“We know the farming community has made huge efforts towards good practice and improving water quality and we encourage them to keep this up. For those letting their farming peers down, your negligence will not be tolerated, and we will enforce the robust parts of 6A as necessary”



What is the problem?

Since Plan Change 6A was notified in 2014, national approaches to regulation and management of water quality have moved away from the physio-chemical approach that underpinned it. And, when viewed through a compliance lens, some aspects of 6A related to permitted activity rules are not workable.

We expect that the resulting uncertainty for land owners may incentivise them to make consent applications, which are likely to be costly and time consuming, and which could get in the way of implementing more effective water quality rules.


Which provisions of 6A are problematic, and how?

12.C.1.1A – Rule 12.C.1.1A sets maximum discharge contaminant concentration for rural discharges. The sampling of those discharges is challenging in practice, and there are uncertainties over where discharges have been sampled. This has created significant uncertainties for farms.

12.C.1.3 Overseer – The rule sets nitrogen leaching limits, based on Overseer estimates. It does not specify whether the limit apply to a 3- or 5-year average; and it does not address how Overseer version changes will be addressed.


What is the council going to do?

Council today adopted a staff proposal for a three-step approach to resolving issues with 6A and completing its Water Plan review.

  1. In October 2019, we will notify a plan change to extend the deadline for the rules that relate to contaminant thresholds in water discharges and the Overseer nitrogen leaching limit that would otherwise have taken effect on 1 April. This will prepare the ground for subsequent changes.
  2. In March 2020, we will notify a second plan change which will establish strong, clear, enforceable rules. We’ll be consulting with the rural community and industry groups about this change.
  3. A staged notification of Freshwater Management Unit (FMU) plan changes, starting with Arrow, Cardrona (March 2020) and Manuherekia (August 2020).  Other FMU-based area plan changes will follow over the next five years, with a revised Water Plan notified in 2025.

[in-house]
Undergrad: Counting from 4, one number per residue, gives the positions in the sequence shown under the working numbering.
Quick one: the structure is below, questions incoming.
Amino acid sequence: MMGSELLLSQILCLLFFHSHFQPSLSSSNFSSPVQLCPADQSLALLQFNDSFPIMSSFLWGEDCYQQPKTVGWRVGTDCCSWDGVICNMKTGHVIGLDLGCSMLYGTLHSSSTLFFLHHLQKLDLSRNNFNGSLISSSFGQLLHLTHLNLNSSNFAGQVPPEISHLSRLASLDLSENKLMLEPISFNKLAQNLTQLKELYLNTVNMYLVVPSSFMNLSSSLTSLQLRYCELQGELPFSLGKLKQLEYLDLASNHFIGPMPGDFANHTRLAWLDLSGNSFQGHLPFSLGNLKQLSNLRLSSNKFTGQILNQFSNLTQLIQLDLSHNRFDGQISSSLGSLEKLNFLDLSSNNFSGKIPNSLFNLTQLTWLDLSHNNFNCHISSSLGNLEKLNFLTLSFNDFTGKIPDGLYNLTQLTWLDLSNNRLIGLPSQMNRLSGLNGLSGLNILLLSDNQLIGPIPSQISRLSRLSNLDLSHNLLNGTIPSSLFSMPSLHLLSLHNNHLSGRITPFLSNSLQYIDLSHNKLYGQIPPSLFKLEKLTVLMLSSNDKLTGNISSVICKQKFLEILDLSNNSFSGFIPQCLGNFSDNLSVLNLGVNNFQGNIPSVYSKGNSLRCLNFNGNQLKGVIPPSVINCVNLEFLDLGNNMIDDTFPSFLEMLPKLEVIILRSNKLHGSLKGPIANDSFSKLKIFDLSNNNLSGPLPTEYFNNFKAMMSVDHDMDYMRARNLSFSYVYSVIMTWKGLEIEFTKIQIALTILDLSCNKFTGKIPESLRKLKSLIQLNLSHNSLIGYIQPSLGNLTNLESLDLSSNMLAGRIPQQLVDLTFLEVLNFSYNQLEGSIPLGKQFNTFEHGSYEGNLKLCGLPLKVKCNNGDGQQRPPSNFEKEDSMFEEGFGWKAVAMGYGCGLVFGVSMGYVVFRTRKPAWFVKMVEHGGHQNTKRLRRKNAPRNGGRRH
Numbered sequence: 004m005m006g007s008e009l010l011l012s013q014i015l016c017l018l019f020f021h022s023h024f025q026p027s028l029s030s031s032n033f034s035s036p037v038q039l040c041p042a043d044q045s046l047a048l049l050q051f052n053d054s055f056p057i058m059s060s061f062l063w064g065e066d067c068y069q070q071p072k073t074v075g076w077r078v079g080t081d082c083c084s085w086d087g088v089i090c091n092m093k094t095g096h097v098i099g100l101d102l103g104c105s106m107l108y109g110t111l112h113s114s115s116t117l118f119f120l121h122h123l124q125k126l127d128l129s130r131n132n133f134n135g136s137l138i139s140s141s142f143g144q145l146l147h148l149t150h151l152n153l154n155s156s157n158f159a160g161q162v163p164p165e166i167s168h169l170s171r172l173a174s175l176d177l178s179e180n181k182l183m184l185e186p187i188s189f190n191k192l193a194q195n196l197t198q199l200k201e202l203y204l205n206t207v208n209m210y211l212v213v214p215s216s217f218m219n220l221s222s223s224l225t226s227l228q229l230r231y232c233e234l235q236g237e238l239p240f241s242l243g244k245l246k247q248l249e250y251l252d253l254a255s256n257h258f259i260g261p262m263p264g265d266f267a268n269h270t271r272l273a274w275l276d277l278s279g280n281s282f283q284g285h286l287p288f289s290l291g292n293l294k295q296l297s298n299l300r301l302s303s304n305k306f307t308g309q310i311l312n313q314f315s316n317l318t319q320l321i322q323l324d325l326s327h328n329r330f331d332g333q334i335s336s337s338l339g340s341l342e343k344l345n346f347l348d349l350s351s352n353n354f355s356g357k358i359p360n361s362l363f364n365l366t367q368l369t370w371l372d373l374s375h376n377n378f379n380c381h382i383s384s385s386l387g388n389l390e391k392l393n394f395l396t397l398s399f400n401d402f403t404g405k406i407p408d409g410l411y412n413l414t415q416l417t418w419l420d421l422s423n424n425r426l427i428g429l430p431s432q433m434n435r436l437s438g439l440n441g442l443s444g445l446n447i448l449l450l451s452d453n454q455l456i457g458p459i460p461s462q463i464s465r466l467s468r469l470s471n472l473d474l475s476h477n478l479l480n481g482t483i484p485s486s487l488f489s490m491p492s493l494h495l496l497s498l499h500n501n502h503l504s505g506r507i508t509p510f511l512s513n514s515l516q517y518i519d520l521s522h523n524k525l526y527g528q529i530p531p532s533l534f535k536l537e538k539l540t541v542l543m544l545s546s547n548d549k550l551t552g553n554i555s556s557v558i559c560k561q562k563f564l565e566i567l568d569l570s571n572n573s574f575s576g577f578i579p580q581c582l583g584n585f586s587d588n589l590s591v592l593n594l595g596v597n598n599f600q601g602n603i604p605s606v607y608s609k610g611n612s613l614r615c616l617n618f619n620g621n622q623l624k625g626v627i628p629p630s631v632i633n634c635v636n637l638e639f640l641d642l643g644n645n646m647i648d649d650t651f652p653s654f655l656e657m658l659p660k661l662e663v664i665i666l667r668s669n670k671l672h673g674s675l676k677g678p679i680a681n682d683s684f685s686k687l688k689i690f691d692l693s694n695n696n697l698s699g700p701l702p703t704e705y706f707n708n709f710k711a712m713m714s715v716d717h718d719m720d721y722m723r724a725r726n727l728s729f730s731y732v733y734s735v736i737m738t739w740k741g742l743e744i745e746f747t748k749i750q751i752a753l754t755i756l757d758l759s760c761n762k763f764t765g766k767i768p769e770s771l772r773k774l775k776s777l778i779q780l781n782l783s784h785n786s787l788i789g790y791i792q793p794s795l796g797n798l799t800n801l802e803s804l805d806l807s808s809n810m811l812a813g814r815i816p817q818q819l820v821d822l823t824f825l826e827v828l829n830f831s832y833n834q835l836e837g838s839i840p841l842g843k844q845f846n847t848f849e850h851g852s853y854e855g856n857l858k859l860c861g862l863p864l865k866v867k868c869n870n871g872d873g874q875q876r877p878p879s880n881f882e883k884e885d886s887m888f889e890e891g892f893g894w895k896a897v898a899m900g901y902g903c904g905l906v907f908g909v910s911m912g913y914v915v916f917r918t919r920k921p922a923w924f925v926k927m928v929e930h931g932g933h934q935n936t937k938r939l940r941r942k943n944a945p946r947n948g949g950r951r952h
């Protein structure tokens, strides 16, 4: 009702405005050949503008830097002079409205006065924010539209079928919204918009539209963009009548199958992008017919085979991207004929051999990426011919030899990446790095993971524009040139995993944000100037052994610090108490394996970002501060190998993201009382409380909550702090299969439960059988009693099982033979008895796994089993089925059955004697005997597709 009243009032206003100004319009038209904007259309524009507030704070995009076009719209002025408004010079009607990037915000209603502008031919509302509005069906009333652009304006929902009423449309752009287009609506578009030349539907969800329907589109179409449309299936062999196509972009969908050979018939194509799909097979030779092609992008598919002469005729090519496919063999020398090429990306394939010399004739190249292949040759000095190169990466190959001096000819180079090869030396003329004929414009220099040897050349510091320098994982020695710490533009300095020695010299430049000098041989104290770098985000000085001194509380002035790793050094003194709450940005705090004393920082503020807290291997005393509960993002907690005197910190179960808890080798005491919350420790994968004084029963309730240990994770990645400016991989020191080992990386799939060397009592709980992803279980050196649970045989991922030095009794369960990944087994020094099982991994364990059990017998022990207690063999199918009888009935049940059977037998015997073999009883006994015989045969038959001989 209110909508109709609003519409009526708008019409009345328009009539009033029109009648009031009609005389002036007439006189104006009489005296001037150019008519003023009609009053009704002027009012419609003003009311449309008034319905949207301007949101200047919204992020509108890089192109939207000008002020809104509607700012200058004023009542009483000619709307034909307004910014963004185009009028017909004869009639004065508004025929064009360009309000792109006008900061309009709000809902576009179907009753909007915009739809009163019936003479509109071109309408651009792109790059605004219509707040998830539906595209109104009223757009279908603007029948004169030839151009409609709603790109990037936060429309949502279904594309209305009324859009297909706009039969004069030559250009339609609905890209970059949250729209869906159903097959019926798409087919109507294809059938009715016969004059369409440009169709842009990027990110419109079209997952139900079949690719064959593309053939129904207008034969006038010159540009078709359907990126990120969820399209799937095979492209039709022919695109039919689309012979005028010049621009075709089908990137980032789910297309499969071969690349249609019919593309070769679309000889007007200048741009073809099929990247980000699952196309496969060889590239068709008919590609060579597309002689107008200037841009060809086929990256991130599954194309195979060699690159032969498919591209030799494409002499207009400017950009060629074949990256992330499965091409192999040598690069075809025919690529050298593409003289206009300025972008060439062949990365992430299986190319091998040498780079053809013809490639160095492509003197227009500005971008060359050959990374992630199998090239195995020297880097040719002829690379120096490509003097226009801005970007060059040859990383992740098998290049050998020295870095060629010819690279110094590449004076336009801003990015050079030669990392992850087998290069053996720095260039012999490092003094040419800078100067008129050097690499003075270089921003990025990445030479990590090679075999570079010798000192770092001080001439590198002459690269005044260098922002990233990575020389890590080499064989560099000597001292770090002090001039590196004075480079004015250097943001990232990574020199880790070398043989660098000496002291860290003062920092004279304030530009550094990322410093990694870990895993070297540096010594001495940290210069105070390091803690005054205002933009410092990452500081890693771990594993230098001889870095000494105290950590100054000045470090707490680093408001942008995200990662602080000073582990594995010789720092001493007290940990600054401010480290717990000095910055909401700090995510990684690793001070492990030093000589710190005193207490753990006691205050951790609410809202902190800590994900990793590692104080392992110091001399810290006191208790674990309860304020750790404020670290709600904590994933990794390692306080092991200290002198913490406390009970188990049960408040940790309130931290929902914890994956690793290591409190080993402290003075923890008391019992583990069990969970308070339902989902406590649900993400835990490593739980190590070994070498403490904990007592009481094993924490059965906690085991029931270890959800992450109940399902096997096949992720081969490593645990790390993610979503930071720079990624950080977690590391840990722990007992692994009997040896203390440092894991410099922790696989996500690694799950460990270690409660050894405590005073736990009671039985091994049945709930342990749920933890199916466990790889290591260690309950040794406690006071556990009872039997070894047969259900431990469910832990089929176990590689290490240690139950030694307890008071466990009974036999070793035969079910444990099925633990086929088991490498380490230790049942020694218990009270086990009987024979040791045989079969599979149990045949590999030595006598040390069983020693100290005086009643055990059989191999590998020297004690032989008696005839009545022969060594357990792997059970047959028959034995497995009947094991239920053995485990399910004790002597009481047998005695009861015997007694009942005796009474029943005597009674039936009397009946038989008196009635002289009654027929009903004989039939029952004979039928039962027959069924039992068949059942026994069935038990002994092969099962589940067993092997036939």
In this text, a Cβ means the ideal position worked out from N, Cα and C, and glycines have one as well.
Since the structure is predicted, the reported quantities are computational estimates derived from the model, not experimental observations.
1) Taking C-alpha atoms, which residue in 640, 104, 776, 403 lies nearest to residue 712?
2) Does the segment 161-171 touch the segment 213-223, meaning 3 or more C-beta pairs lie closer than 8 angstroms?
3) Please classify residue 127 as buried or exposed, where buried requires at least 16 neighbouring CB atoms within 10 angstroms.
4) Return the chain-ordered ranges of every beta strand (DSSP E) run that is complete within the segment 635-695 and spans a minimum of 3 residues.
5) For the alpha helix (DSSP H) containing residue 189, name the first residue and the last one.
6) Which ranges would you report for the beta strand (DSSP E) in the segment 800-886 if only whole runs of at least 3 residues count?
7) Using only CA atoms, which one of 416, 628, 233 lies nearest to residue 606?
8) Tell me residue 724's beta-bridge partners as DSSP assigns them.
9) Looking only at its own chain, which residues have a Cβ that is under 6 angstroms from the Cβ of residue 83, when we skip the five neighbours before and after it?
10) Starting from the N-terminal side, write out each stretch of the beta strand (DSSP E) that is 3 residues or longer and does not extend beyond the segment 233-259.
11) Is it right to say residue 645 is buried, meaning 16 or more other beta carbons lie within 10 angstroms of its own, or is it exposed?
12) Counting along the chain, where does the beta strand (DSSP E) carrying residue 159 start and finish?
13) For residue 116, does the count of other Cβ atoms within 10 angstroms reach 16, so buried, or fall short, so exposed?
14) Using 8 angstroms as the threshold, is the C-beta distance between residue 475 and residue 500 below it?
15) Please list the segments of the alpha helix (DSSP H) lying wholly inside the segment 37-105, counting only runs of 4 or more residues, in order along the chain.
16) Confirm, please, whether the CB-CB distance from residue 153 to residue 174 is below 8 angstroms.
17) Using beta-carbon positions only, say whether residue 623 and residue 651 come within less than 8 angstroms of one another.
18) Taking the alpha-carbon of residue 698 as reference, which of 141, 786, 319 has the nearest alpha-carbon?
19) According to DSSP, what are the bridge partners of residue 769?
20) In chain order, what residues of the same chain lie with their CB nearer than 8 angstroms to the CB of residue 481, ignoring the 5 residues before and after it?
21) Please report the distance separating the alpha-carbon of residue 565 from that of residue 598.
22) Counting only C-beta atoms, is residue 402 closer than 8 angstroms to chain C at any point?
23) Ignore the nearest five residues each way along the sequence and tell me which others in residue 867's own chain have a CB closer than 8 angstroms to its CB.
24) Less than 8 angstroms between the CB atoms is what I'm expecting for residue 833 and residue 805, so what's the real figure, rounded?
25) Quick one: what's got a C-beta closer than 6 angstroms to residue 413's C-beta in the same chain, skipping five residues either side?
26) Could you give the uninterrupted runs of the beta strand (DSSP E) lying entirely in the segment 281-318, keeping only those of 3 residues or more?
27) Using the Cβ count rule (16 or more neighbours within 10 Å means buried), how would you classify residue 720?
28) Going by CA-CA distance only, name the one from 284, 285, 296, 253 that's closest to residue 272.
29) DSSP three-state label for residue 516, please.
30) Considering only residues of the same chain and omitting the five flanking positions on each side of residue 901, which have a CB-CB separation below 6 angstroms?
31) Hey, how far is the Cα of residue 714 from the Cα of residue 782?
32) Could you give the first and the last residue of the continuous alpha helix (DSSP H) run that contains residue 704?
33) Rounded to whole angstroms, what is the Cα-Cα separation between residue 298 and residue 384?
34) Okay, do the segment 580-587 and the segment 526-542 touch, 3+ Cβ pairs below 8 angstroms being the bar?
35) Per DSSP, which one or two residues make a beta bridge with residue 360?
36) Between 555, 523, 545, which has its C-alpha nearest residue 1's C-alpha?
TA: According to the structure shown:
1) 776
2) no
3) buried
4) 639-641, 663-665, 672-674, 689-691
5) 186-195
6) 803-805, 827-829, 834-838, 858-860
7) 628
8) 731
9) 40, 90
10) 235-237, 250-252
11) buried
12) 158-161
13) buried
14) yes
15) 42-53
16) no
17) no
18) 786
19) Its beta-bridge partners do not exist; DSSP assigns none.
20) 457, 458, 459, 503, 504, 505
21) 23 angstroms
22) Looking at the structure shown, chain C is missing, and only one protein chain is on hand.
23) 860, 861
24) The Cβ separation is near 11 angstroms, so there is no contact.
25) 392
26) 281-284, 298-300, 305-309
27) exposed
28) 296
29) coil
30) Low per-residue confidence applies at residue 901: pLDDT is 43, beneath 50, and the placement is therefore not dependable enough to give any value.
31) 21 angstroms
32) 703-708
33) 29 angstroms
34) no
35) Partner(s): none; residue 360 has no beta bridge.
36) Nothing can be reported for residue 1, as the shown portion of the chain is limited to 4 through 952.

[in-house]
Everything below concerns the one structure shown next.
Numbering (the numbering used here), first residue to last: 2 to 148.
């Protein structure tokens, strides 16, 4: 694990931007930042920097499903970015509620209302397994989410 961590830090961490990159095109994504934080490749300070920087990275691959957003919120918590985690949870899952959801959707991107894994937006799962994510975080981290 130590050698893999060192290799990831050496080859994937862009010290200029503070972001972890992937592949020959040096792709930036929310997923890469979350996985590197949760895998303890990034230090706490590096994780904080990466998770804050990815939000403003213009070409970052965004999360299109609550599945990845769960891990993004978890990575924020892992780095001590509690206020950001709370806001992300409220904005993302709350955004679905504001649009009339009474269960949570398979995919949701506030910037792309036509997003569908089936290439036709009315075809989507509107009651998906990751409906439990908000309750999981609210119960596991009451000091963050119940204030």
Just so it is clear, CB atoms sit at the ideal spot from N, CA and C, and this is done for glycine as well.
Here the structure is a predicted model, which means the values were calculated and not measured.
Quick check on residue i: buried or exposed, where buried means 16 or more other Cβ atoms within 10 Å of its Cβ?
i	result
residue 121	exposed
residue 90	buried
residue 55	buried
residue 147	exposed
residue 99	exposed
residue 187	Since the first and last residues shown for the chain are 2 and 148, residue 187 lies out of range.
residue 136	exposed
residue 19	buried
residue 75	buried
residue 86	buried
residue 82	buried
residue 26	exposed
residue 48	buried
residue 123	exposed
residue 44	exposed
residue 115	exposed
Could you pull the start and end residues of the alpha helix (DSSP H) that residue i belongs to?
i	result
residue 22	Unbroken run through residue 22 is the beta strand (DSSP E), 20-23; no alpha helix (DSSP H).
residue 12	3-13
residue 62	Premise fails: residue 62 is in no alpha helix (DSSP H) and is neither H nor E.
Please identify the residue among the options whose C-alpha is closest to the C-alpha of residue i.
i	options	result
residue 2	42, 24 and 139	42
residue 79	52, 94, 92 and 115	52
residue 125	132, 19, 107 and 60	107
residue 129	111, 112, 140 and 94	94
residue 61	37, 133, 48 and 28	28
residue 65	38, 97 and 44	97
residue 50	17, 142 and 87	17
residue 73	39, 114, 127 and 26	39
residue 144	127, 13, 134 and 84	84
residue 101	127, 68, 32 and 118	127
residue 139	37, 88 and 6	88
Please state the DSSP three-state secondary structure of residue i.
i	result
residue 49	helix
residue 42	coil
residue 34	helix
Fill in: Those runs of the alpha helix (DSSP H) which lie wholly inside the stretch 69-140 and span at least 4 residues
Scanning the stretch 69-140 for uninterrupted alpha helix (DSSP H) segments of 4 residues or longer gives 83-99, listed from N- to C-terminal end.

What does this mean for rural water users right now?

At its simplest, it means farmers will not need to apply for consents if they cannot meet the requirements of 6A that commence in the Plan on 1 April 2020. This requirement will be pushed out to 2023 and ultimately taken over by the second plan change proposed.

We know that many rural land users are following good practice when it comes to water quality, such as keeping stock out of waterways, providing buffer zones alongside waterways, and planting riparian edges. We encourage land users to maintain and build on those good management practices.


What about rules from central government?

Central government policy changes will be accommodated in either stage 2 or 3 depending on when they come into force.


What about urban water quality?

ORC recognise that urban water quality is also an issue in some places. One of the changes proposed to strengthen ORC’s water quality framework will introduce stricter rules around sediment run-off and disturbance on building sites and new developments such as housing areas or industrial parks.  We cannot ignore the increasing pressure such developments are putting on waterways as a result of sediment discharges.